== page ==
There's an unwritten rule in destination promotion that says you're not supposed to bash the other guy.
It's OK for Colorado to brag that it has great skiing, for example, but it shouldn't, and doesn't, claim that it's better than Vermont. Privately, a tourism official from Florida's Gulf Coast might say something snarky about Fort Lauderdale, but not in print, not in an ad campaign.
That's the code, anyway. Texas, however, is coming close to breaking bad with its advisory to spring break travelers to avoid Mexico. Not just part of Mexico, all of it. That's right, the entire country.
Admittedly the advisory comes from the Texas Department of Public Safety rather than the tourism office, but it comes at a time when the state's resort communities are courting spring break business, and it is directed specifically to spring break travelers. If Mexico is as unsafe as Texas claims, then why is the advisory limited to spring breaks?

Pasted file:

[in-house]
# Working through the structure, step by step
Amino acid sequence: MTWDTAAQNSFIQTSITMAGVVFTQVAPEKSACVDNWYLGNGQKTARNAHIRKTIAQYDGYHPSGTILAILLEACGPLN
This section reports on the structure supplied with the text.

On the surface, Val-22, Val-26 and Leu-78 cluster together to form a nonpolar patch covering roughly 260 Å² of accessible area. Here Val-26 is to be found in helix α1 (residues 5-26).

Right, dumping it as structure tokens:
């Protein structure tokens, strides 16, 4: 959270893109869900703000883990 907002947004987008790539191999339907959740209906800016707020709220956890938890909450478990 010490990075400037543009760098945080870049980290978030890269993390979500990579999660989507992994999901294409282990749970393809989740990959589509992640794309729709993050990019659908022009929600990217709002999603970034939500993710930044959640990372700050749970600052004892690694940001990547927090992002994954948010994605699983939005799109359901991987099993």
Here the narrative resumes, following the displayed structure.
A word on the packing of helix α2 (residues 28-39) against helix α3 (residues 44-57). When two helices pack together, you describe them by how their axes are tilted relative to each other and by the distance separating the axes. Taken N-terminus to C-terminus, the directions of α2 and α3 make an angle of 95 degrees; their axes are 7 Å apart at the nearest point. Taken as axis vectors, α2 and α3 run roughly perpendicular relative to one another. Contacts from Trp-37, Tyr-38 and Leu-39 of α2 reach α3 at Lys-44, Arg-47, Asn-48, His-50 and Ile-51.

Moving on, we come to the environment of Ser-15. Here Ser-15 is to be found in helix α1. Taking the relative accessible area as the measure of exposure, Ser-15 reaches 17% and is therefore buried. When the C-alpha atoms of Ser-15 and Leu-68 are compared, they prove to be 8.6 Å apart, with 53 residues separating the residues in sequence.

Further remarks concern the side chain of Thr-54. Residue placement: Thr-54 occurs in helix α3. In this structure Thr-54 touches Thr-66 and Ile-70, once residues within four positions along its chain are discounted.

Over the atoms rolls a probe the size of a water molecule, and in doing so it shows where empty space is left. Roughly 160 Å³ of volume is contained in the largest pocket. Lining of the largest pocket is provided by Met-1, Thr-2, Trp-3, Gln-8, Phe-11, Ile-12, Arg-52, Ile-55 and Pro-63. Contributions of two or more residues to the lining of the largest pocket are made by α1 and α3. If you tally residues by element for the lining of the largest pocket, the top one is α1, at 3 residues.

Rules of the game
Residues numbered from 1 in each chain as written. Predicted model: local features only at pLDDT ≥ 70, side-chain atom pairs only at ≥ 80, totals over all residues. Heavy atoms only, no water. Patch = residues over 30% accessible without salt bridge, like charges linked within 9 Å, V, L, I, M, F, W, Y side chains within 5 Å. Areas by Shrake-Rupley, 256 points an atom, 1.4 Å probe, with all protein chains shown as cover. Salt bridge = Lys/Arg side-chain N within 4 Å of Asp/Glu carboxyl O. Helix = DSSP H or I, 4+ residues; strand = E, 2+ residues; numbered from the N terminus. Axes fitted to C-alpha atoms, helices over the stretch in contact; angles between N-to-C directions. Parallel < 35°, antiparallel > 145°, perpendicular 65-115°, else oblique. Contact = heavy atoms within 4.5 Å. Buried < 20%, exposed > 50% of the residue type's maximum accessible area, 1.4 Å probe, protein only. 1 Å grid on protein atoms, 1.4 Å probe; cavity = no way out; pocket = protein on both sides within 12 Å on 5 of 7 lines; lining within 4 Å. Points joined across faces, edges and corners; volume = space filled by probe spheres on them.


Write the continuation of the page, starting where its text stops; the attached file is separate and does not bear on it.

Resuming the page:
Leaving aside the question of why Texas gets to have its own foreign policy, these repeated advisories from Texas would have a lot more credibility if they focused on specific incidents or specific areas. Texas has some fine beaches, but statistically speaking, Texans are probably just as safe in Cancun or Cabo as they are in Corpus Christi.